pride in his uniform. After more than 30 years, I hope that
he and I can agree that we had a right to share the Keyser
Quadrangle that day.
In the February issue, you report that two new
MacArthur Foundation awards were recently given to
Hopkins faculty, and also note that three other Hopkins
faculty have received the award since the program started in
1981: Drs. Ajami, Curtin, and Grossman. In fact, at least
one other Hopkins faculty member, Dr. Alan Walker, a
professor in the Department of Cell Biology and Anatomy,
also received a MacArthur Fellowship, 13 years ago.
The magazine regrets the error. -SD
I read with some dismay the cavalier (i.e., without comment) exposition of the practice of throating [February, "Academese"] among premed students. While I am well aware that cheating among students, at all levels of the education experience, is much more commonplace now than in decades past, I was (naívely, I now suspect) under the impression that the permutations of academic dishonesty were focused on ways to get answers to tests, to get credit for the work of others, and the like, as contrasted to acts of outright criminal activity. But maybe I am equally naive to think that the described practice of "stealing a classmate's lab notes" is considered by anyone, including university officials, as such activity. What say ye?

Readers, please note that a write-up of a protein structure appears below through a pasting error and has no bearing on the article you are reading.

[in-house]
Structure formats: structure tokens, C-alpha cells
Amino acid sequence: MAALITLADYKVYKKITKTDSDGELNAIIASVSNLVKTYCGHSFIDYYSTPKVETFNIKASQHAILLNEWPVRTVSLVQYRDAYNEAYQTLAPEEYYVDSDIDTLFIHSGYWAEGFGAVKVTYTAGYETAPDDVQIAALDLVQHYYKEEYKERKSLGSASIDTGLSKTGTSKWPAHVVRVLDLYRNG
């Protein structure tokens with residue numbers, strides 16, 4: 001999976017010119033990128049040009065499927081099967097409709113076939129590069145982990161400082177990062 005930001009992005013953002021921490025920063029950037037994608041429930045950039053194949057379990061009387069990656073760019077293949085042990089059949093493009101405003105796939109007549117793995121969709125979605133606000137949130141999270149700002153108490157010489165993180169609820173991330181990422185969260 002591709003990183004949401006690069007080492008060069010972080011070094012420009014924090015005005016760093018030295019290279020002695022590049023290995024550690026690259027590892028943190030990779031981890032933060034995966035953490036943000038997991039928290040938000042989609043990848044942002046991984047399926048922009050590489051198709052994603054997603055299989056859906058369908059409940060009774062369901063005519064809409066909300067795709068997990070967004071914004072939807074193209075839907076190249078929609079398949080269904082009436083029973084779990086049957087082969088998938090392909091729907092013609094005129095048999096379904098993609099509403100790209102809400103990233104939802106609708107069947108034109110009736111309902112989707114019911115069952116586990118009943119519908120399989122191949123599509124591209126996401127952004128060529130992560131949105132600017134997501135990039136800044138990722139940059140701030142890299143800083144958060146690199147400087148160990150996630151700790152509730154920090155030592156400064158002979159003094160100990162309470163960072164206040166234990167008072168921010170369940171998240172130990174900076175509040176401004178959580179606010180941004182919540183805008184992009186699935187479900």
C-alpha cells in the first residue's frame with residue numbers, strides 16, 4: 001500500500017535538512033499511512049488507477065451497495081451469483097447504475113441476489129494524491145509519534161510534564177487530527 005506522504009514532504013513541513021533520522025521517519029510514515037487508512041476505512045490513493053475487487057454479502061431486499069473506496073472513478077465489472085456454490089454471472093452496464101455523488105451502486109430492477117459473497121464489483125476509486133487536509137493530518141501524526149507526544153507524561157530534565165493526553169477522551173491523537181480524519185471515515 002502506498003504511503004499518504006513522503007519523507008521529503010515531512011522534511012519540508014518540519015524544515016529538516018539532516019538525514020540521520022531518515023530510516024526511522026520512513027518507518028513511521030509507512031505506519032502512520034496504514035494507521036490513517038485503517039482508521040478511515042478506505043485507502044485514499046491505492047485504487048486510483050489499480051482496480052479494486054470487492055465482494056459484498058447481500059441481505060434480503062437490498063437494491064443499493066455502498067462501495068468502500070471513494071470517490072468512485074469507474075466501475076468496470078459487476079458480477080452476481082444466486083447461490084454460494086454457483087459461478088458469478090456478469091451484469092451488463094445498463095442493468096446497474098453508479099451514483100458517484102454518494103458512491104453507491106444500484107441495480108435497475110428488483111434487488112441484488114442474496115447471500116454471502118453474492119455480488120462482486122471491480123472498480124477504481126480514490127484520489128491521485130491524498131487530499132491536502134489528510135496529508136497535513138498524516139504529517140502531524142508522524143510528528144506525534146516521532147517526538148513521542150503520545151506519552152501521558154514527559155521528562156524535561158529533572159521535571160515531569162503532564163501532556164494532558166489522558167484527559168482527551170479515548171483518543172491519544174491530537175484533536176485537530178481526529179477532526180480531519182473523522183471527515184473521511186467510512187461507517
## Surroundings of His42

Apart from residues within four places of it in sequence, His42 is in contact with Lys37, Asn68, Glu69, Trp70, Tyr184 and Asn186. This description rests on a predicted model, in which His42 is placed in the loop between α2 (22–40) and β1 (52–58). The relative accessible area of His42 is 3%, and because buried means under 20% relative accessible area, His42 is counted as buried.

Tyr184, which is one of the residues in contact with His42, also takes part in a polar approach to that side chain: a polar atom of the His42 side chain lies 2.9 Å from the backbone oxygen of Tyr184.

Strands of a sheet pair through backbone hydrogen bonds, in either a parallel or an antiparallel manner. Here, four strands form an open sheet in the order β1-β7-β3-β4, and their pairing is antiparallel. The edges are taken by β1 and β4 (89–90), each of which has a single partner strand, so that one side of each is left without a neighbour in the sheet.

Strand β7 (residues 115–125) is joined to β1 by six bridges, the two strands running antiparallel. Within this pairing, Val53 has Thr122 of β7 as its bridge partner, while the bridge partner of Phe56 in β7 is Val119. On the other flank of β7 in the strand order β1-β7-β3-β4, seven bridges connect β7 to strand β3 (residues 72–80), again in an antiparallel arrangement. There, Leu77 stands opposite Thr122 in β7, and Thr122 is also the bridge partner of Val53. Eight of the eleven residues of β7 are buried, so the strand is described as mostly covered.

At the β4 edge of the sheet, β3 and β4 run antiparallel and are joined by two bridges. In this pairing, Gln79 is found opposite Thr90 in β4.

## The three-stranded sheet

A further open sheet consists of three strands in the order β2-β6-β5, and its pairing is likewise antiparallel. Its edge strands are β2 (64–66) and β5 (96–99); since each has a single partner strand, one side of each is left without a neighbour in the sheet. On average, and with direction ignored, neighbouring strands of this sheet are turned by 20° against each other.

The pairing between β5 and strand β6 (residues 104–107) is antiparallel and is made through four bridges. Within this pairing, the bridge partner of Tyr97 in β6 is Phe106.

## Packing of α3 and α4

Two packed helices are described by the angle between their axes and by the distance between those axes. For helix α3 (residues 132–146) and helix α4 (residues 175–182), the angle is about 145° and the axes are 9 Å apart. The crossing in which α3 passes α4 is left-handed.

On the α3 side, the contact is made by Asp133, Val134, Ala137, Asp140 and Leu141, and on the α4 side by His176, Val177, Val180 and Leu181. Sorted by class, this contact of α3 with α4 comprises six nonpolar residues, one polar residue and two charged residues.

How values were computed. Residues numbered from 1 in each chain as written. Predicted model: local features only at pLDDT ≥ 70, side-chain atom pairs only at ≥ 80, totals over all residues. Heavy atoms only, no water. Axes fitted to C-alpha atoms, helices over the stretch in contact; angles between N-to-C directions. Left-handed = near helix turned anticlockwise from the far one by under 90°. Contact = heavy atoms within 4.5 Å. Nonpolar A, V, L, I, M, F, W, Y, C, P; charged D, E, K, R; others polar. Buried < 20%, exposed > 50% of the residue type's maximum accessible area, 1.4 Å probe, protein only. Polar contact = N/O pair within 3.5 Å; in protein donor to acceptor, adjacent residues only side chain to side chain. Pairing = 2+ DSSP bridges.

If I am ever about to go under the knife, I will hope and
pray that the surgeon or surgeons preparing to invade my
body are not there because of having cheated, lied, and
otherwise taken illegal/immoral shortcuts to be in that
Lee Miller ( "Rethinking Roanoke," November) sees a conspiracy by enemies of Sir Walter Raleigh in the mysterious fate of the Second Roanoke "Lost" Colony. It is true that the colonists were apparently landed far from the intended settlement site, but the island's unsuitability for colonization is debatable. Roanoke Island was originally reconnoitered in 1584 and the First Colony landed in 1585. Both the scouts and the first colonists reported the island to be fertile, capable of supporting a colony, but the island has apparently become smaller through erosion, and its soils and vegetation have been degraded by European occupation since then. In any case, the First Colony suffered little mortality but was evacuated by Sir Walter Drake in 1586 after losing vital supplies in a storm.